More than three-quarters of people believe companies should be forced to share profits with staff

Equality: Gareth Thomas has called for a scheme which would increase workers’ wages.

Certain Vox Political readers/commenters will be dismayed to learn that they are out of step with national opinion here.

The Blog recently hosted a debate in its comment columns, where some readers suggested that employers should pay as little as possible, no matter how much hardship this causes the workforce.

There is, of course, no economic argument in favour of such a policy. In fact, a well-paid, well-motivated workforce will increase both productivity and profit, according to the National Institute for Economic and Social Research (NIESR).

Therefore This Blog supports the findings of the Co-operative Party.

More than three-quarters of people believe big firms should be forced to share their profits with their staff, new research reveals.

A poll commissioned by the Co-operative Party shows huge public backing for a French-style system where companies with more than 50 employees must share profits with their workers.

The policy was included in the 2015 election manifesto of the party, which has been affiliated with Labour for almost a century.

Of more than 2,000 people surveyed last week, 76 per cent said they backed the idea, with 46 per cent ‘strongly’ in favour. Just eight per cent were opposed.

Co-operative Party chair Gareth Thomas said that according to House of Commons Library calculations, workers at clothing store Sports Direct could earn £507 more each under the proposals, while staff at Sainsbury’s would make £397.

At BT the average employee could take home an extra £1,209.

Labour leader Jeremy Corbyn is now considering adopting the idea, which will be part of a review of employment rights being undertaken by Labour.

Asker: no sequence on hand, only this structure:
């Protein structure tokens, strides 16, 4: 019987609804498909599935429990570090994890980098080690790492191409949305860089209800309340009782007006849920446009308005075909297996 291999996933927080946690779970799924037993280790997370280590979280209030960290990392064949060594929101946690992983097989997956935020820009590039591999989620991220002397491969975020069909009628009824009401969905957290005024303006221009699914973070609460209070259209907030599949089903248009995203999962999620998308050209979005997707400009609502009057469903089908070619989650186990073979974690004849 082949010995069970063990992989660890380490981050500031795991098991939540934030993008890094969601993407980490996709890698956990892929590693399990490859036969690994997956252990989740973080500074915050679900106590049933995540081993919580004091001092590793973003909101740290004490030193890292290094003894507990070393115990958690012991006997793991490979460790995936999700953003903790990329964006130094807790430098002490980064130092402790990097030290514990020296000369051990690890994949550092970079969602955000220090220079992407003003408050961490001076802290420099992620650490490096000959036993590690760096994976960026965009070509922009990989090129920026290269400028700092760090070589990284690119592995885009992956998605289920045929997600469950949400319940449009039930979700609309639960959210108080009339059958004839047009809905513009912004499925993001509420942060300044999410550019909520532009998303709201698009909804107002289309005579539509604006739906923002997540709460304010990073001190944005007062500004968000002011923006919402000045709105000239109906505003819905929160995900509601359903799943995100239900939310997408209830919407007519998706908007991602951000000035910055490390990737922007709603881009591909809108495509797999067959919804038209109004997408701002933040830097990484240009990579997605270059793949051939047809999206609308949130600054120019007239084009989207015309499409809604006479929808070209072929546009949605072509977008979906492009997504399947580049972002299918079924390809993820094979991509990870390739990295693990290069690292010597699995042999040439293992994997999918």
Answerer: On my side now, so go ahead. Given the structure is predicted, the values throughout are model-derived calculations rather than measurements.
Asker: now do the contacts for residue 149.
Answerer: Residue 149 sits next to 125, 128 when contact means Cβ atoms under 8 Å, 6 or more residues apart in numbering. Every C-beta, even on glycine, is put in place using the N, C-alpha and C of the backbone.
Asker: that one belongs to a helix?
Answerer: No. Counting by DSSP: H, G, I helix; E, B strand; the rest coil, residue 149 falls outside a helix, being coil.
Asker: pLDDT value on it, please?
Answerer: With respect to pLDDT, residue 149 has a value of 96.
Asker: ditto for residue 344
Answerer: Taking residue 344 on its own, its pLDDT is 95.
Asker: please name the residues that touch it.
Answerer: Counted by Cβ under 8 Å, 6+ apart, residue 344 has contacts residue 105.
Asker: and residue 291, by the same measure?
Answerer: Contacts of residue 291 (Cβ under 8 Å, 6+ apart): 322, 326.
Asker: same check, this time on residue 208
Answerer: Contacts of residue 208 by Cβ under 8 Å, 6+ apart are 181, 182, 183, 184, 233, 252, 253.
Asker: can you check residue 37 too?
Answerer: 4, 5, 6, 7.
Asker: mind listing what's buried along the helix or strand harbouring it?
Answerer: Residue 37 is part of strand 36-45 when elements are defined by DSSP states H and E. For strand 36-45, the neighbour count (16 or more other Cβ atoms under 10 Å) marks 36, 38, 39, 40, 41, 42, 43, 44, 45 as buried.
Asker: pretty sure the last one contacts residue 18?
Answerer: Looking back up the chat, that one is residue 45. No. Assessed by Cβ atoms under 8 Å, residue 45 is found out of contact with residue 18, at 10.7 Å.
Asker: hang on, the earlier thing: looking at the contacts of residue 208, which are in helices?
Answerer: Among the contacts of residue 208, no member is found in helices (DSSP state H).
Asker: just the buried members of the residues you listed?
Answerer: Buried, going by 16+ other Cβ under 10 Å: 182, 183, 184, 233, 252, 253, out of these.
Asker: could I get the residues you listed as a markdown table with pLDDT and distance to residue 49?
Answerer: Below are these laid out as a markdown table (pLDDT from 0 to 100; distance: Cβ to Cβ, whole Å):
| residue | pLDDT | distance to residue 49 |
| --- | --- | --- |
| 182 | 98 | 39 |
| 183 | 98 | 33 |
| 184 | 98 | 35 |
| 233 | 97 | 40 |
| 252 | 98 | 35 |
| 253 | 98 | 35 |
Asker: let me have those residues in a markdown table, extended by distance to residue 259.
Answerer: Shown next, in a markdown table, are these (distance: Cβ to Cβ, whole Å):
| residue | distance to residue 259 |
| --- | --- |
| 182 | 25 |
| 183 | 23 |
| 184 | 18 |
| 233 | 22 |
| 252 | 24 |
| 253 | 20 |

Source: More than three-quarters of people believe companies should be forced to share profits with staff – Mirror Online

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7 Thoughts to “More than three-quarters of people believe companies should be forced to share profits with staff”

  1. Stephen Mellor

    Let’s have two wolves and a sheep vote on what’s for dinner.

    It’s irrelevant what people want. Either they earn it, or they forget it.

    And if they try to destroy property rights, those affected will leave.

    1. Mike Sivier

      The point is that they ARE earning it, but employers are telling them to forget it.
      You really are getting desperate if you’re talking in metaphorical terms about wolves and sheep.

  2. Simon M

    Wow! I think the 8% opposed must be business owners, so it would figure. Would be a great victory for the humble worked if this ever became policy.

  3. jeffrey davies

    its called a bonus

  4. Terry Davies

    axiomatic !!!!!

  5. One drawback regarding fairness generally is that some activities have far greater profit margins than others, as your figures indicate. And what about public sector workers? Fair universal wage structures and greater taxation of profits (which would also encourage investment) might be a better approach.

  6. Dez

    When directors, pay themselves mega salaries,bonus, pension benefits, when they are still employees of the shareholders like the rest of the company employees it feels better that the whole work force should have some better enducement with getting a cut of the profits…..and losses in hard times. Unfortunately in the hard times the directors don’t down size much or reduce their benefits it’s the work force that has to take the hit.

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